Jython

The class GPanel provides a graphics window with a user definable floating point coordinate system. Elementary methods are provided to draw shapes like lines, circles, rectangles, etc. It is used for simple animations and simulations, especially in the field of testing graphics algorithms, simulation of physical systems and education.

The ch.aplu.util package (JavaDoc) contains several useful helper classes, among them GPanel, and is integrated in the current release of TigerJython. The import statement inserts all methods of GPanel into the global namespace (JavaDoc).

In the first example we draw a famous Moiré pattern with just a few lines of code.

```# GPanelEx1.py

from gpanel import *

makeGPanel(0, 10, 0, 10)

for i in range(0, 11):
for k in range (0, 11):
line(i, 0, k, 10)
delay(100)

for i in range(0, 11):
for k in range (0, 11):
line(0, i, 10, k)
delay(100)
```
Select GPanelEx1.py (Ctrl+C to copy, Ctrl+V to paste)
Execute the program locally using WebStart.

Discussion: makeGPanel(() takes four float parameters xmin, xmax, ymin, ymax that define the user coordinate system (origin and range). As usual in mathematics the x-axis is positive to the right and the y-axis positive to the top. For many graphics applications, especially in the field of simulations, a floating point user coordinate system simplifies and cleans up the code, but you may get one pixel rounding errors.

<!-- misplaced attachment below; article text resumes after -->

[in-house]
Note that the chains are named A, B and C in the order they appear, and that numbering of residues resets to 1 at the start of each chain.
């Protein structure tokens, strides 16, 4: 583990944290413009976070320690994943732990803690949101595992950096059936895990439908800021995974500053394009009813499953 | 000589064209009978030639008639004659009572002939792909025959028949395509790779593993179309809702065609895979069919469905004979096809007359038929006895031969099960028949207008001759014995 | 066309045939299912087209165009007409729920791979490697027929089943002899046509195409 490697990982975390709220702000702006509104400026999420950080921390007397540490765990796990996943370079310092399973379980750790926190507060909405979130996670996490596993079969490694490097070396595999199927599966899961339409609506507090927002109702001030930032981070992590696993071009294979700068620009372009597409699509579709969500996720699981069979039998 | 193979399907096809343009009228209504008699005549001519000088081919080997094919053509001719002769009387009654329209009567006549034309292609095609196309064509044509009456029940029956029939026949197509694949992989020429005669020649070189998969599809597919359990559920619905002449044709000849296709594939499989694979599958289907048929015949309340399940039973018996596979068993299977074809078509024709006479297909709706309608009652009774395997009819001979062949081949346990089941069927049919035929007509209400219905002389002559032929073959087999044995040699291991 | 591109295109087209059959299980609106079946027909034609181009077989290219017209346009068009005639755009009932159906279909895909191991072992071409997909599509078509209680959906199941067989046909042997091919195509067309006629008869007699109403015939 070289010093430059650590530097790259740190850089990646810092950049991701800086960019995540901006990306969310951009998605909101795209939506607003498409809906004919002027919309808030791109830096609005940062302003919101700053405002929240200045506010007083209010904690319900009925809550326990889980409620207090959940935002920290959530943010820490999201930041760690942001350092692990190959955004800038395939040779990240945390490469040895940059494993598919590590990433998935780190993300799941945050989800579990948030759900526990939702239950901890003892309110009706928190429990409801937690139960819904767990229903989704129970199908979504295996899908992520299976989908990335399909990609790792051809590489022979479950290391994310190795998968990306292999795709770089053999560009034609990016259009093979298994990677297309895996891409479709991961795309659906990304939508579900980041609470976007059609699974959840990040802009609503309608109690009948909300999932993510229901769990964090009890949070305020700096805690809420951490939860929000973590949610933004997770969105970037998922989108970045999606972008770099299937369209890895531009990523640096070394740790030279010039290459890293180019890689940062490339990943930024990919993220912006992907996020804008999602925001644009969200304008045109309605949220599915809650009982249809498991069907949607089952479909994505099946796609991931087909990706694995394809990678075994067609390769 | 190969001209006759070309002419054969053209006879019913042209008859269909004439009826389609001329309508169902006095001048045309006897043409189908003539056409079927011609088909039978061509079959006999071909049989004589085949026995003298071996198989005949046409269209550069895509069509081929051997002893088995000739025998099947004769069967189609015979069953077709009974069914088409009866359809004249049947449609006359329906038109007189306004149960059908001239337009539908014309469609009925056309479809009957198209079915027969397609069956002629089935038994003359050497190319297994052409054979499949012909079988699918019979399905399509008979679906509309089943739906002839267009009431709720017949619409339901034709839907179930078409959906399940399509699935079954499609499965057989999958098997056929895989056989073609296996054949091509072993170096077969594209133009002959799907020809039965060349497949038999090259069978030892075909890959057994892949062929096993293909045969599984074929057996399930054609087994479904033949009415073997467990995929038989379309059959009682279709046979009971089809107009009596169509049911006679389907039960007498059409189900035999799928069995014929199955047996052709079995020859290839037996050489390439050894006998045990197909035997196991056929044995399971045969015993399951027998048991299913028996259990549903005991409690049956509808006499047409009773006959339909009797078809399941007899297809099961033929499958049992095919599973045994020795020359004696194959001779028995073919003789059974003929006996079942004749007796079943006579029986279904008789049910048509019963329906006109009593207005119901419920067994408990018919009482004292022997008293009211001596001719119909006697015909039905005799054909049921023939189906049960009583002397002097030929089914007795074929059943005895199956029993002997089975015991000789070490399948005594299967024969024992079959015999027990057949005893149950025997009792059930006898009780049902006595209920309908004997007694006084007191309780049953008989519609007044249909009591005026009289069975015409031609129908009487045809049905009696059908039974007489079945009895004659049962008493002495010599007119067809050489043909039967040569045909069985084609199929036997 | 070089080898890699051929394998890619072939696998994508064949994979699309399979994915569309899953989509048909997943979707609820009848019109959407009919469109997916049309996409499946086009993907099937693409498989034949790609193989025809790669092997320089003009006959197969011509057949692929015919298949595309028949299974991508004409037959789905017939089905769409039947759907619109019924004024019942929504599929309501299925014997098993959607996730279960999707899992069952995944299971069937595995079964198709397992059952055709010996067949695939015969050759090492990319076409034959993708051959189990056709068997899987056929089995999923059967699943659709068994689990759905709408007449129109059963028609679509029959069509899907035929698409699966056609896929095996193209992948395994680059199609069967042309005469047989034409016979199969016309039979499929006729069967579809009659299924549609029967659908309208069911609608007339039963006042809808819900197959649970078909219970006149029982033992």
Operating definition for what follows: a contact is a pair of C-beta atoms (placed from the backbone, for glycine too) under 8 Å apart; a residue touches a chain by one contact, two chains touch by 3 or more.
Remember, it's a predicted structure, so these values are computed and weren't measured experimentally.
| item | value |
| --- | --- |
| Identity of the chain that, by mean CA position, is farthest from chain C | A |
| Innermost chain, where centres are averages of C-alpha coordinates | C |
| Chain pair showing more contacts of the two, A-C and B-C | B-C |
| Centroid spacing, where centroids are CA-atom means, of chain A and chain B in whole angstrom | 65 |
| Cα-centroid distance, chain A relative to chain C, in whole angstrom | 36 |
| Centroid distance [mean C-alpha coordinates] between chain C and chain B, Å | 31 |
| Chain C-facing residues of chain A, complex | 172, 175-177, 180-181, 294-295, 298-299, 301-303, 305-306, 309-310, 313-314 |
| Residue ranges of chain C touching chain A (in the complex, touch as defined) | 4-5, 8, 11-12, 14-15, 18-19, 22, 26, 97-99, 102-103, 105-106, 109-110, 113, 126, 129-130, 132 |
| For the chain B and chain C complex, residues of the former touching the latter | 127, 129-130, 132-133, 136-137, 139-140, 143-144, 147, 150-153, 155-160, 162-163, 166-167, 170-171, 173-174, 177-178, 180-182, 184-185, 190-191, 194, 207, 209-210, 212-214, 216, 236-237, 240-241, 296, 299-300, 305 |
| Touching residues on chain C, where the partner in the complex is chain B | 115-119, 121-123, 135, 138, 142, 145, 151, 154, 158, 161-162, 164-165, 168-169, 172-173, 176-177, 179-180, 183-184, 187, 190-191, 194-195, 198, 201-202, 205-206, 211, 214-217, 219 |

Because we want to see how the program works, we slow down the program by calling delay(100) after drawing a single line. You may remove the delay and enjoy the full speed.

In the next example the computer is a painter that draws randomly colored polygons with a random number of vertices at random positions.

```# GPanelEx2.py

from gpanel import *
from ch.aplu.util import X11Color
from random import choice
import random

NB_POLYGONS = 20
makeGPanel()
for i in range(NB_POLYGONS):
color = getRandomX11Color()
setColor(color)
m = random.randrange(5, 10)
x = [0.0] * m
y = [0.0] * m
for k in range(m):
x[k] = random.random()
y[k] = random.random()
fillPolygon(x, y);
delay(100)
```
Select GPanelEx2.py (Ctrl+C to copy, Ctrl+V to paste)
Execute the program locally using WebStart.

Discussion: We select a random color from the X11 Color palette using the getRandomX11Color() function. The number m of the polygon vertices is randomly chosen in the range between 5 and 10. The lists x and y of size m are created and filled with random numbers between 0 and 1. The lists are then passed to the fillPolygon() method that interprets the list entries as coordinates of the polygon vertices. Again we slow down the painting by calling delay(100).

The next example shows the conformal mapping of the complex plane using the inversion z -> 1/z. An equidistant grid in the range (-5, 5) for the real and imaginary axis is transformed. Because Python has a built-in complex number type and we use a coordinate system adapted to the problem, the program is of comparable complexity as when using a specialized math and graphics software like Mathematica.

```# GPanelEx3.py

from gpanel import *
import math

def transform():
# Transform horizontal grid lines
setColor("green")
z = complex(min, min)